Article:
The logistics of the experiment are daunting. The 600 seismometers – more than twice as many as normally reside in the entire Bay Area – are borrowed from the Incorporated Research Institutions for Seismology (IRIS) through the PASSCAL Instrument Center at New Mexico Tech. IRIS is a research consortium in which USGS regularly collaborates that lends instruments for seismic investigations throughout the world. USGS and IRIS cooperatively operate the Global Seismographic Network, and USGS members sit on PASSCAL’s board of directors.
Hundreds of Hayward-area homeowners have been contacted by USGS volunteers to host the battery-powered devices in a mile radius around Warren Hall and along a 16-mile transect across the fault from San Ramon, east of Hayward, to San Francisco Bay. The volunteers include students at Cal State East Bay, the University of California, Davis, and other universities, as well as local geology and earthquake watchers both amateur and professional. After the implosion, these volunteers will again fan out into the neighborhoods to collect the seismometers for return to IRIS-PASSCAL. In the months to come, some of the student volunteers will be working with the data gathered in the seismic experiment in their own research.
While publicity has been vital in recruiting volunteers, USGS must also work hard to make sure excessive interest in the form of hovering helicopters does not interfere with the seismic signal and thus destroy the experiment. USGS is working with Bay Area news media outlets to ensure they understand it is critical to the project’s success that they do not deploy helicopters in the area to film the planned implosion. The roar and “thump-thump-thump” of helicopter blades will drown out the small signal created by the building demolition that USGS aims to record.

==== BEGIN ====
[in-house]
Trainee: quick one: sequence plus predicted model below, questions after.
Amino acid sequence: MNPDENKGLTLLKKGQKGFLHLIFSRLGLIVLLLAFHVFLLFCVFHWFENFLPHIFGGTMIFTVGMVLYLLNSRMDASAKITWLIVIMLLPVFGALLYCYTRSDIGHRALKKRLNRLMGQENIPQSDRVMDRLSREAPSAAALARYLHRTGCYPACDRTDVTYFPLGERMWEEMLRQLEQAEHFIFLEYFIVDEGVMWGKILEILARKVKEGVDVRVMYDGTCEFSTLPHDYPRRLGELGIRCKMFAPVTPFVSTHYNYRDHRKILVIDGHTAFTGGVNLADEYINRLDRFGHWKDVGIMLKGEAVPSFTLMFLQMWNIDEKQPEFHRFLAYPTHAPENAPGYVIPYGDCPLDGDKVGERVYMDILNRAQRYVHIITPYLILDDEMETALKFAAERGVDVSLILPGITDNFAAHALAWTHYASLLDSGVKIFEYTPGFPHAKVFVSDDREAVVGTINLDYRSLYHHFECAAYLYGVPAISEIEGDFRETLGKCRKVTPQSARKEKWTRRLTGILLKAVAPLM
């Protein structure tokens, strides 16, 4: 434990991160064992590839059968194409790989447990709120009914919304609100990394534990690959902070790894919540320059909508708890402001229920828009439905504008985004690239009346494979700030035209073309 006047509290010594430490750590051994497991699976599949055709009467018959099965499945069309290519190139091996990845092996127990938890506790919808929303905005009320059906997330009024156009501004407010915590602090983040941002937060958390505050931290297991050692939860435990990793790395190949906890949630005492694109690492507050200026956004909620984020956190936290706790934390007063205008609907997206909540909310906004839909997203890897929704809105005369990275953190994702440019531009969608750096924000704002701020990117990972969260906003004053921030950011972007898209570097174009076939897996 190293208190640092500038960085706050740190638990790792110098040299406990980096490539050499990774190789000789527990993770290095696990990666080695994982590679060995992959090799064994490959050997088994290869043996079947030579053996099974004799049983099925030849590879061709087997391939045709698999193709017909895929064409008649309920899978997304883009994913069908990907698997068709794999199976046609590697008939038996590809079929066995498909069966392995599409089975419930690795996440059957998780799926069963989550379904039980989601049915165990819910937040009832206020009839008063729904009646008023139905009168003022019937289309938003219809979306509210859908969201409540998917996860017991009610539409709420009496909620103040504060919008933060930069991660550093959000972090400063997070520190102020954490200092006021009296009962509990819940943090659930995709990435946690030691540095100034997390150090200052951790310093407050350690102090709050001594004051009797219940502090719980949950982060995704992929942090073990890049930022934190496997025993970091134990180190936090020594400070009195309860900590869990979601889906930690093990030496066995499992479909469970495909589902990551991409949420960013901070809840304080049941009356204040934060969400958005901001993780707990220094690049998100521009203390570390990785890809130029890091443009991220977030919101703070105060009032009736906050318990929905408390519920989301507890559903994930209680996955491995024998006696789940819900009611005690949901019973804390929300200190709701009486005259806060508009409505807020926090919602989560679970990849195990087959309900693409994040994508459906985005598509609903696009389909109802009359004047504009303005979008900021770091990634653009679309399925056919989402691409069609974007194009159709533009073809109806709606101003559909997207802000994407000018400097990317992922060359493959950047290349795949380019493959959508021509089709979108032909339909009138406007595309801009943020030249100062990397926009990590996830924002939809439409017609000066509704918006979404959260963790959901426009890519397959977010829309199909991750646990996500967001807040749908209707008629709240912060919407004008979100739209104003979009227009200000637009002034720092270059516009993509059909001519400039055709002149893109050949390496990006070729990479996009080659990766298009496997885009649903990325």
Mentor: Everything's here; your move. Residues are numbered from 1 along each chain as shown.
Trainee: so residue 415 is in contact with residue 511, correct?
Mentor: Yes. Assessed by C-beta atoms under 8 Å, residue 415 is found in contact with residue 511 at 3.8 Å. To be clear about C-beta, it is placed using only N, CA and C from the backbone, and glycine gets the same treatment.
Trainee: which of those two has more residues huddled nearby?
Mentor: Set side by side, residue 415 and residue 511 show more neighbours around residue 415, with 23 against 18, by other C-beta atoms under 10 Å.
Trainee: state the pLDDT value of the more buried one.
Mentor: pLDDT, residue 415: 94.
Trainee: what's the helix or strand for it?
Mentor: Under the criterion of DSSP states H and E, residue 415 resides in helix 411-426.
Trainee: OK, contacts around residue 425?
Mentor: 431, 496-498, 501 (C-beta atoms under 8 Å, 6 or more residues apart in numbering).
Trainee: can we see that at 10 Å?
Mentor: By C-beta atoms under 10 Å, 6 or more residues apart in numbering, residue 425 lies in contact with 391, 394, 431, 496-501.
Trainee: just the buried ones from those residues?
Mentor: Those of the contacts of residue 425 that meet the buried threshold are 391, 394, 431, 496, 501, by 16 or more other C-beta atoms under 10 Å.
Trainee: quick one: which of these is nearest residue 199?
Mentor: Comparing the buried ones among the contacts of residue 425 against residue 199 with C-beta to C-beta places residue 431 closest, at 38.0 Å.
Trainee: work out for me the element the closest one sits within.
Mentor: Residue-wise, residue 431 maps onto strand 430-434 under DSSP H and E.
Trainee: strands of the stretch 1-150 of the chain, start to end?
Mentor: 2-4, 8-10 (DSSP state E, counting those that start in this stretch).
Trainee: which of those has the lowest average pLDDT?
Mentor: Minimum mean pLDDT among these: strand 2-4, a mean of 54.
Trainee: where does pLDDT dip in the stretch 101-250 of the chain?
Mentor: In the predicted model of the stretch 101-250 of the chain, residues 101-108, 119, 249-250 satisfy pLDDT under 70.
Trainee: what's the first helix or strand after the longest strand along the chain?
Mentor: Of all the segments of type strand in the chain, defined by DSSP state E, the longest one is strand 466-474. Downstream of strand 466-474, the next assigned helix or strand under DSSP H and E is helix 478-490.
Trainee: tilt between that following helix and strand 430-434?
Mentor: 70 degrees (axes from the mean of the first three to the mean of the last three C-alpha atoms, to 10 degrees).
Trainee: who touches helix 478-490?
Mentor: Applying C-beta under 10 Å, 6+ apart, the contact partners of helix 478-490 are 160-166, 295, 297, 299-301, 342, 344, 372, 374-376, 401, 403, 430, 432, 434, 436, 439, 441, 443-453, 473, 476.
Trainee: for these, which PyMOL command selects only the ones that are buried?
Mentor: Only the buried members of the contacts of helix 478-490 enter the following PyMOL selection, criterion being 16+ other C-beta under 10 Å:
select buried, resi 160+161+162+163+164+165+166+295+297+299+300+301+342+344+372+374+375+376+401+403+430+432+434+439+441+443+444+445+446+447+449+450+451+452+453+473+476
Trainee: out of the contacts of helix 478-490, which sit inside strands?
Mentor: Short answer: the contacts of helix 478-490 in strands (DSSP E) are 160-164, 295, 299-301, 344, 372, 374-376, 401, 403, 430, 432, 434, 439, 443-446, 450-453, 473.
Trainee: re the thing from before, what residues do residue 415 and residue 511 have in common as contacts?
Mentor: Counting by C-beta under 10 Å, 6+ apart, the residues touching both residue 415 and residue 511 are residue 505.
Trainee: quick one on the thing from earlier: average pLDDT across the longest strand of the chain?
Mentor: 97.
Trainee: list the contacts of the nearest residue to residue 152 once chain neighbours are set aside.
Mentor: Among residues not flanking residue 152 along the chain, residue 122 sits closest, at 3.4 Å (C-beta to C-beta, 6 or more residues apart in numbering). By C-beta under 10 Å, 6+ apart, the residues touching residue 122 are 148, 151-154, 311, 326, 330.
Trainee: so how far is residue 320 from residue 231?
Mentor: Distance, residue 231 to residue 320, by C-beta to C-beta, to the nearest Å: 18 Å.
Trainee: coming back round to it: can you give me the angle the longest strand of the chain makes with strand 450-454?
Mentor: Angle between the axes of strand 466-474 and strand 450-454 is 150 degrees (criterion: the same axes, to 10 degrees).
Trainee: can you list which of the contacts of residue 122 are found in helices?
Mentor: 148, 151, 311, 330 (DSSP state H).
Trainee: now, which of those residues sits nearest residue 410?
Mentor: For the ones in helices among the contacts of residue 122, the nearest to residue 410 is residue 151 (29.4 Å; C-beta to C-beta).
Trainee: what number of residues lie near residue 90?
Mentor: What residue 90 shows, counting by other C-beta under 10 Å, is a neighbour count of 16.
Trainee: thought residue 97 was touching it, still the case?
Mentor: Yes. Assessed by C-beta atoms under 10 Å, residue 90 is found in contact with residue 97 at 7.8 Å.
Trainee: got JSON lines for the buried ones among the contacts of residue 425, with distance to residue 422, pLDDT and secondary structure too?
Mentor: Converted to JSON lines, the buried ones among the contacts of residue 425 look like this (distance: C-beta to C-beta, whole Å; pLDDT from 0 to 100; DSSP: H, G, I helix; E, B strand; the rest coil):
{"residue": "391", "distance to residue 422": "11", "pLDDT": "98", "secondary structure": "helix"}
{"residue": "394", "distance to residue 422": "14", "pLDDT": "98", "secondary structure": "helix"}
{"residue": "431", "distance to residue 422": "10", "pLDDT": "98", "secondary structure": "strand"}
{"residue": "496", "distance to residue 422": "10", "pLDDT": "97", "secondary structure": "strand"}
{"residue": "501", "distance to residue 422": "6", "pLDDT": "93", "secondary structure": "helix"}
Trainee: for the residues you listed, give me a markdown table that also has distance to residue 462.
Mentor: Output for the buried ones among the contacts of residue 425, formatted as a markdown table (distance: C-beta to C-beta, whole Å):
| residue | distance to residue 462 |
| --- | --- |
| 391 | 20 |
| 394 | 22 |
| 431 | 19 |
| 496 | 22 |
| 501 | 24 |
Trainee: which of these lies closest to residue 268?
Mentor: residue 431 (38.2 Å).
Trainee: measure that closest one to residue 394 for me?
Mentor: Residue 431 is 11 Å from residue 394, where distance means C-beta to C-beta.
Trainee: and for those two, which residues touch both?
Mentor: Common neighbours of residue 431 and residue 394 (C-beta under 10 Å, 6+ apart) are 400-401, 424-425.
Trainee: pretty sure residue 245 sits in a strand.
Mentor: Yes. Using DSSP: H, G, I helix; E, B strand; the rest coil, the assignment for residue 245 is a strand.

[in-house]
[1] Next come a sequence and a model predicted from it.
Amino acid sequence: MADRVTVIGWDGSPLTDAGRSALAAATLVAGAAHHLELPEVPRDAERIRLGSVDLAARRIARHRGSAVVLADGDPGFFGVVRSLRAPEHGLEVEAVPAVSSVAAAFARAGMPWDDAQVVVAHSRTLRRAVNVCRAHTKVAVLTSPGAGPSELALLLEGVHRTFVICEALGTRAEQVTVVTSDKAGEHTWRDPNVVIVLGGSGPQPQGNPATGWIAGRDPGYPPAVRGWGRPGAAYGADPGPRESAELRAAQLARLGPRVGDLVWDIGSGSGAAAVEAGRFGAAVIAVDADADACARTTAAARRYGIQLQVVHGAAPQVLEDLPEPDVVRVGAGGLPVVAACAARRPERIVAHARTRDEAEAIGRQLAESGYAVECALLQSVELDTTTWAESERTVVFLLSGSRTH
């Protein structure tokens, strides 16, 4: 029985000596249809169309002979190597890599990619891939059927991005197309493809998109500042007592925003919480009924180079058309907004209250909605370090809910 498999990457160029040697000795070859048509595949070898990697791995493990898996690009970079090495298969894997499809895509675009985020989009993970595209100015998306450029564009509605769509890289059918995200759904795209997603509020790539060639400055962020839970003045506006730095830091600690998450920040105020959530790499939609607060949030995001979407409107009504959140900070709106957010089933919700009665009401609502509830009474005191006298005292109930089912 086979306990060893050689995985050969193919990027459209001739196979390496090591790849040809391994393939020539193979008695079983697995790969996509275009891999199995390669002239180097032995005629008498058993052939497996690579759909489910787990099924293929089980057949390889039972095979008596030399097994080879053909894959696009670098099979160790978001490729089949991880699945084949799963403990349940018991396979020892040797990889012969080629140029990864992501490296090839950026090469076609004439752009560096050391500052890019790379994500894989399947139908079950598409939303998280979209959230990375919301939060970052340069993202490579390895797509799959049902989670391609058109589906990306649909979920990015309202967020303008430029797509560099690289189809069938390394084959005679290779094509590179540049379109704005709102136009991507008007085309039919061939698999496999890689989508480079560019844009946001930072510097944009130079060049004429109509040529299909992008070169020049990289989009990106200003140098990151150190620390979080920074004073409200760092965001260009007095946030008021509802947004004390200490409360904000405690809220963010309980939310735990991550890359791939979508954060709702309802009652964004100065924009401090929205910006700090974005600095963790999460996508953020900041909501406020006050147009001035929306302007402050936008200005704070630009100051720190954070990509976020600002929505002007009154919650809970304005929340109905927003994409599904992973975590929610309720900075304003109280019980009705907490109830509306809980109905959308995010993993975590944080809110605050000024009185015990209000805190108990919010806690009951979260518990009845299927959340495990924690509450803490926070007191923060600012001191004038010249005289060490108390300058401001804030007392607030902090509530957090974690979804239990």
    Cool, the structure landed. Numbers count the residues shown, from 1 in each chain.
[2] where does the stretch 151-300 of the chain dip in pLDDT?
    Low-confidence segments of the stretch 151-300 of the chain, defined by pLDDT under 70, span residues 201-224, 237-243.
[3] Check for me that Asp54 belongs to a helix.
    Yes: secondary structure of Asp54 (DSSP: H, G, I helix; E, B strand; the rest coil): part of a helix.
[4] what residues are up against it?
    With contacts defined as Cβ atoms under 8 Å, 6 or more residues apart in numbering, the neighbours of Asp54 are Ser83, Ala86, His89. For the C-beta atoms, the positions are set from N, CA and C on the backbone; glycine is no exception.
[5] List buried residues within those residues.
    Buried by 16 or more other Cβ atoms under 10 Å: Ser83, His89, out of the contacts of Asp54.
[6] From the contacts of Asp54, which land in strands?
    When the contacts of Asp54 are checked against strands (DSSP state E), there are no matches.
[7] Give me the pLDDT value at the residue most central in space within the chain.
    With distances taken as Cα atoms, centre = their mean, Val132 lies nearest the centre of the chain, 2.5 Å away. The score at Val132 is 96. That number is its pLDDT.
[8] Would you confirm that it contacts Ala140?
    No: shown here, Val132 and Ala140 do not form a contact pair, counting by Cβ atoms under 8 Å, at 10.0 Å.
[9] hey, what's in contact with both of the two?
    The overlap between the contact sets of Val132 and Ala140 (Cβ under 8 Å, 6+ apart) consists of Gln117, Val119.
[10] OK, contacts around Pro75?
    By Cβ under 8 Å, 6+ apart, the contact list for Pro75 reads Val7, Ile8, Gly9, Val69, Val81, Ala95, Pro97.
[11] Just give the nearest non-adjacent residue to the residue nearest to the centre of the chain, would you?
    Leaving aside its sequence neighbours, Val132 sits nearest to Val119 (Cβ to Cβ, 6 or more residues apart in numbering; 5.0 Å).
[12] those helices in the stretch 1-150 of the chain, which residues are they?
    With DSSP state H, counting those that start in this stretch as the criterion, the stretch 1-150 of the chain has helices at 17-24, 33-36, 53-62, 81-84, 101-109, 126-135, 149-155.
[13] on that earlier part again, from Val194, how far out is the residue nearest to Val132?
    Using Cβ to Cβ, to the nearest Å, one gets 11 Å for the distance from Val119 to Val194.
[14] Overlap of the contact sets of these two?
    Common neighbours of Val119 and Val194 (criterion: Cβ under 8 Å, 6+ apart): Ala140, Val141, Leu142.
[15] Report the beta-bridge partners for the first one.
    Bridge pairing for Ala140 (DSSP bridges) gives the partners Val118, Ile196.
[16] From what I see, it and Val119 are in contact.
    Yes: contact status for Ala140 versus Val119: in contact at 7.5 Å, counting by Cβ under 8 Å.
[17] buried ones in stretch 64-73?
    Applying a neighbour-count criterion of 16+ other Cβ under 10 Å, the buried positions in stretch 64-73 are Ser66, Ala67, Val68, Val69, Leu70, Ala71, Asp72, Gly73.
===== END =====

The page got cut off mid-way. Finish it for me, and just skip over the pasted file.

The community involvement needed to make the experiment happen has also become an opportunity to spread messages about keeping safe in earthquake country. While most Hayward residents know about the fault, many contacted by USGS welcomed the specific tips offered to enhance household preparedness and safety that were included with each USGS information packet about the research project. Fluency in several of the many languages spoken in ethnically diverse Hayward helped volunteers convey the safety message, and informational leaflets and TV interviews on the project appeared in both English and Spanish.
Warren Hall’s demolition at Cal State East Bay and the associated USGS seismic research has become an opportunity for Hayward-area residents to pause at a critical moment in the history of their community and think about their future — a future that will include enhanced seismic knowledge and safer buildings. Warren Hall served the university community for decades. As it comes down, it will serve its community a final time.